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Haemoplasmas in wild rodents: Routes of transmission and infection dynamics

Research output: Contribution to journalArticle

  • Carmit Cohen
  • Merav Shemesh
  • Mario Garrido
  • Irit Messika
  • Monica Einav
  • Irina Khokhlova
  • Séverine Tasker
  • Hadas Hawlena
Original languageEnglish
Pages (from-to)3714-3726
Number of pages13
JournalMolecular Ecology
Volume27
Issue number18
Early online date3 Aug 2018
DOIs
DateAccepted/In press - 25 Jun 2018
DateE-pub ahead of print - 3 Aug 2018
DatePublished (current) - 1 Sep 2018

Abstract

The way that some parasites and pathogens persist in the hostile environment of their host for long periods remains to be resolved. Here, longitudinal field surveys were combined with laboratory experiments to investigate the routes of transmission and infection dynamics of such a pathogen—a wild rodent haemotropic bacterium, specifically a Mycoplasma haemomuris-like bacterium. Fleaborne transmission, direct rodent-to-rodent transmission and vertical transmission from fleas or rodents to their offspring were experimentally quantified, and indications were found that the main route of bacterial transmission is direct, although its rate of successful transmission is low (~20%). The bacterium's temporal dynamics was then compared in the field to that observed under a controlled infection experiment in field-infected and laboratory-infected rodents, and indications were found, under all conditions, that the bacterium reached its peak infection level after 25–45 days and then decreased to low bacterial loads, which persist for the rodent's lifetime. These findings suggest that the bacterium relies on persistency with low bacterial loads for long-term coexistence with its rodent host, having both conceptual and applied implications.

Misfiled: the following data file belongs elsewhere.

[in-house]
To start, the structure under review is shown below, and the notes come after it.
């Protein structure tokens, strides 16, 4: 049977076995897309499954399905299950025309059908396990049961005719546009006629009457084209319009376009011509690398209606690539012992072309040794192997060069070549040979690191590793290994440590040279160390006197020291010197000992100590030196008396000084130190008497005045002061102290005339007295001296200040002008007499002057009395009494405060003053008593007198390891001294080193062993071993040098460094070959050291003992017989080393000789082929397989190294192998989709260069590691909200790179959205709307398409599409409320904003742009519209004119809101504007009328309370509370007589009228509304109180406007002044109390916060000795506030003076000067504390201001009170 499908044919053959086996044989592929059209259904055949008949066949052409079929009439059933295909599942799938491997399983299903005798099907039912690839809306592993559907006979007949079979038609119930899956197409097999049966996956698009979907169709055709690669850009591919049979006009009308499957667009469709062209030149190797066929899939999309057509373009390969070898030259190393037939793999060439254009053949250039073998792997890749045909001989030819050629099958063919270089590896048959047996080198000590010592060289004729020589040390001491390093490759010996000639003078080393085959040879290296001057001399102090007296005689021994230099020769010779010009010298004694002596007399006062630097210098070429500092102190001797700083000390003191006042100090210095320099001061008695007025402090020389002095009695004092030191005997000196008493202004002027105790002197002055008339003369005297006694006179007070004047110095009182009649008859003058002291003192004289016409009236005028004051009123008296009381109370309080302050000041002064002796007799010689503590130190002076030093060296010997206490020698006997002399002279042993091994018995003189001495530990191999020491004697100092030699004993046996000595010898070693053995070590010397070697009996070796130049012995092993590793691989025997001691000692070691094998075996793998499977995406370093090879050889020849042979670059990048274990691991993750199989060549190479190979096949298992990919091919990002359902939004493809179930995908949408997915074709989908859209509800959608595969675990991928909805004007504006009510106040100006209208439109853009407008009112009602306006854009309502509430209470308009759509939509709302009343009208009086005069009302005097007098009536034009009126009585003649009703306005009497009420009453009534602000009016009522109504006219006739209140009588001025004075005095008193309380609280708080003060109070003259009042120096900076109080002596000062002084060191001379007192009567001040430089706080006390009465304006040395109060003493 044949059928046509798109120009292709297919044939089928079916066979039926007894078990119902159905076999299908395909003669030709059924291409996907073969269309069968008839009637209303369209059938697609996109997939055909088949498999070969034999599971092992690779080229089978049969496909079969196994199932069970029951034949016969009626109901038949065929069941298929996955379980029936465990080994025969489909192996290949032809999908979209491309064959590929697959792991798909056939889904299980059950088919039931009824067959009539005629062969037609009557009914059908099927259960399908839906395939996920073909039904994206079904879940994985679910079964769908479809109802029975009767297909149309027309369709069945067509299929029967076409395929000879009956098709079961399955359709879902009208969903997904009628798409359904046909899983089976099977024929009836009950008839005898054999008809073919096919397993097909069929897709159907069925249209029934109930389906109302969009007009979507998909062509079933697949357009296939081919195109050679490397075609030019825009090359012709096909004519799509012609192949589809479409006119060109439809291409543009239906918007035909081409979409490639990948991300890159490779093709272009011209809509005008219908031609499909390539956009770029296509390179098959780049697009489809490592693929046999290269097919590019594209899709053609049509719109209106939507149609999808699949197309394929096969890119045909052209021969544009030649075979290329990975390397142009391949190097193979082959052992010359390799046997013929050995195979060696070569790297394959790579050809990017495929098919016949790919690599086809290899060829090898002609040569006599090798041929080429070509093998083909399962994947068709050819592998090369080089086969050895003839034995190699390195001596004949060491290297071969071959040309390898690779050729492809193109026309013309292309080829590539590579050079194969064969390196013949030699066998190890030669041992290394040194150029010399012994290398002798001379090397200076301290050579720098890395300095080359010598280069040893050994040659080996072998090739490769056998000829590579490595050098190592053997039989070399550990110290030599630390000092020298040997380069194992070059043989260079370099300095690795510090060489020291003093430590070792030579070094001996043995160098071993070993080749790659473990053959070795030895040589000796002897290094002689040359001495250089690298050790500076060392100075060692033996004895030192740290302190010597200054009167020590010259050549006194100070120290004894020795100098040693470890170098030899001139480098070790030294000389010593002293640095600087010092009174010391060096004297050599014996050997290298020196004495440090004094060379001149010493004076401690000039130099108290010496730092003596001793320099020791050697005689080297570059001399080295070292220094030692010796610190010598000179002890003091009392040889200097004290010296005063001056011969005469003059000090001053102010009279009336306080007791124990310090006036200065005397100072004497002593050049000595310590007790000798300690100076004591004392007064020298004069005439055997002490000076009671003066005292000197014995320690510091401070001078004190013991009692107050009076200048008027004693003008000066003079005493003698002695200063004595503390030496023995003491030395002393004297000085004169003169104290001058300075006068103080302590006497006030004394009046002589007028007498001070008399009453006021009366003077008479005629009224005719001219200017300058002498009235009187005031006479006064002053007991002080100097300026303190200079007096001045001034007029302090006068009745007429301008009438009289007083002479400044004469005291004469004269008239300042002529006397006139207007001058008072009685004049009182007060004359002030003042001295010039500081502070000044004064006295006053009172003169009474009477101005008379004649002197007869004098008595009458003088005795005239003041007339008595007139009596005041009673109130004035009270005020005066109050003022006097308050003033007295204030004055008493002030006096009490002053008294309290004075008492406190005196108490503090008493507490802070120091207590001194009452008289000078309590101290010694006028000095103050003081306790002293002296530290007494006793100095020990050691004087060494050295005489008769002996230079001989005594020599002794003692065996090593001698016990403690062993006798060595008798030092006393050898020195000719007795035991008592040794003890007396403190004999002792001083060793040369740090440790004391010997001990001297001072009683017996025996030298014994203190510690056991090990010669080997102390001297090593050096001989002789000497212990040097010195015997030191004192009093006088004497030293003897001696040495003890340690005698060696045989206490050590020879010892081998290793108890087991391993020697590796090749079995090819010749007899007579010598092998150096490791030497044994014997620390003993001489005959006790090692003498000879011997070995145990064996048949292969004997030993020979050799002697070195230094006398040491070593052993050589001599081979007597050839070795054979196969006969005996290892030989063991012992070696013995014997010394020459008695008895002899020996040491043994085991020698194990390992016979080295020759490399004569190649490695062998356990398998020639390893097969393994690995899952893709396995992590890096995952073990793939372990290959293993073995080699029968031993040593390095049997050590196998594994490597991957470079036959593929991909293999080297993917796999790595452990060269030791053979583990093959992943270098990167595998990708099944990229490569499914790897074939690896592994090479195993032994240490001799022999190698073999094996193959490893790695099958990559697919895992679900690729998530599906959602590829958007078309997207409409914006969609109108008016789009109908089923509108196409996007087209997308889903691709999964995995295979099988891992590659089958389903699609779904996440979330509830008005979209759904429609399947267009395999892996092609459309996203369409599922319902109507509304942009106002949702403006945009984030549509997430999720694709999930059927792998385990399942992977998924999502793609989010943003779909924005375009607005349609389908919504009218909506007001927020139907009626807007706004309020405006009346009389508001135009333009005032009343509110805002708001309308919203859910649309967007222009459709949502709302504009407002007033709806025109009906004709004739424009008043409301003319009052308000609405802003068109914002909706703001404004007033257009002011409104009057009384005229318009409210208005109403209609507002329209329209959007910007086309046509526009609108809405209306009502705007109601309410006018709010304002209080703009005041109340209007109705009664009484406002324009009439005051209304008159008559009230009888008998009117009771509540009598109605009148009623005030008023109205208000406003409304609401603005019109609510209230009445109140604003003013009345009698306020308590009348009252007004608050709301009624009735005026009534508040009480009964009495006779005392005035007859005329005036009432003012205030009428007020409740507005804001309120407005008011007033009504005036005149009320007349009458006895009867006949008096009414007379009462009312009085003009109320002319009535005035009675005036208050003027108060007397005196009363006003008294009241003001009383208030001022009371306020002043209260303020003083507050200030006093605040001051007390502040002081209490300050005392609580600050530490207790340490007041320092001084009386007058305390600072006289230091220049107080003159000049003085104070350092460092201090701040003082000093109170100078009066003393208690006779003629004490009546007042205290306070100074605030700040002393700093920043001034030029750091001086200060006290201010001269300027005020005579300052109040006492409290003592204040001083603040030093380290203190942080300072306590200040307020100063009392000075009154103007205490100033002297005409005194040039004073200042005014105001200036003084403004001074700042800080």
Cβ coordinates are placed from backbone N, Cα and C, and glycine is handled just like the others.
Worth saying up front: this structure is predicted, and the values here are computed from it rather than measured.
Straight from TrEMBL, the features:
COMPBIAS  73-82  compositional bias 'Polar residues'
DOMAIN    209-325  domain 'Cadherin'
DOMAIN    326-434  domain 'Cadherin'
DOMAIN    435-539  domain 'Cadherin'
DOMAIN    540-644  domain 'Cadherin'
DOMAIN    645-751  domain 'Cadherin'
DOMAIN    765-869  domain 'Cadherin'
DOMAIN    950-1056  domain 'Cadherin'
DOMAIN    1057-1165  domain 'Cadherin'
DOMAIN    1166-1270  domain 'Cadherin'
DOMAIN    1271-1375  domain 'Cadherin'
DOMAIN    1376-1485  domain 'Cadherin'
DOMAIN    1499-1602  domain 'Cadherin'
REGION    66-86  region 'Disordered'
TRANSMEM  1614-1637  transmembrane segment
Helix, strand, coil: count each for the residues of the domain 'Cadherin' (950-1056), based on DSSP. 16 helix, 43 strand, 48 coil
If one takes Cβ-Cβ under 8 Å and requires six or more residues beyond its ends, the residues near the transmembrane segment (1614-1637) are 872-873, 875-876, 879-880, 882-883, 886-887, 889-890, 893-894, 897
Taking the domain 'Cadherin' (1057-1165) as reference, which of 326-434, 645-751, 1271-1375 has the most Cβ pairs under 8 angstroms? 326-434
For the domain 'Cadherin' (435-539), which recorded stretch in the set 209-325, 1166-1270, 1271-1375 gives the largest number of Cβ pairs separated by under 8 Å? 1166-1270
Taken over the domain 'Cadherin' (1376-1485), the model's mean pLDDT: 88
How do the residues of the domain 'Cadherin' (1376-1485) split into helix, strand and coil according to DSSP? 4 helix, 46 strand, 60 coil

Research areas

  • haemoplasmas, haemotropic mycoplasmas, host–parasite interactions, infection dynamics, persistent infection, transmission mechanisms, wild rodent

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  • Full-text PDF (accepted author manuscript)

    Rights statement: This is the author accepted manuscript (AAM). The final published version (version of record) is available online via Wiley at https://onlinelibrary.wiley.com/doi/abs/10.1111/mec.14826 . Please refer to any applicable terms of use of the publisher.

    Accepted author manuscript, 1 MB, PDF document

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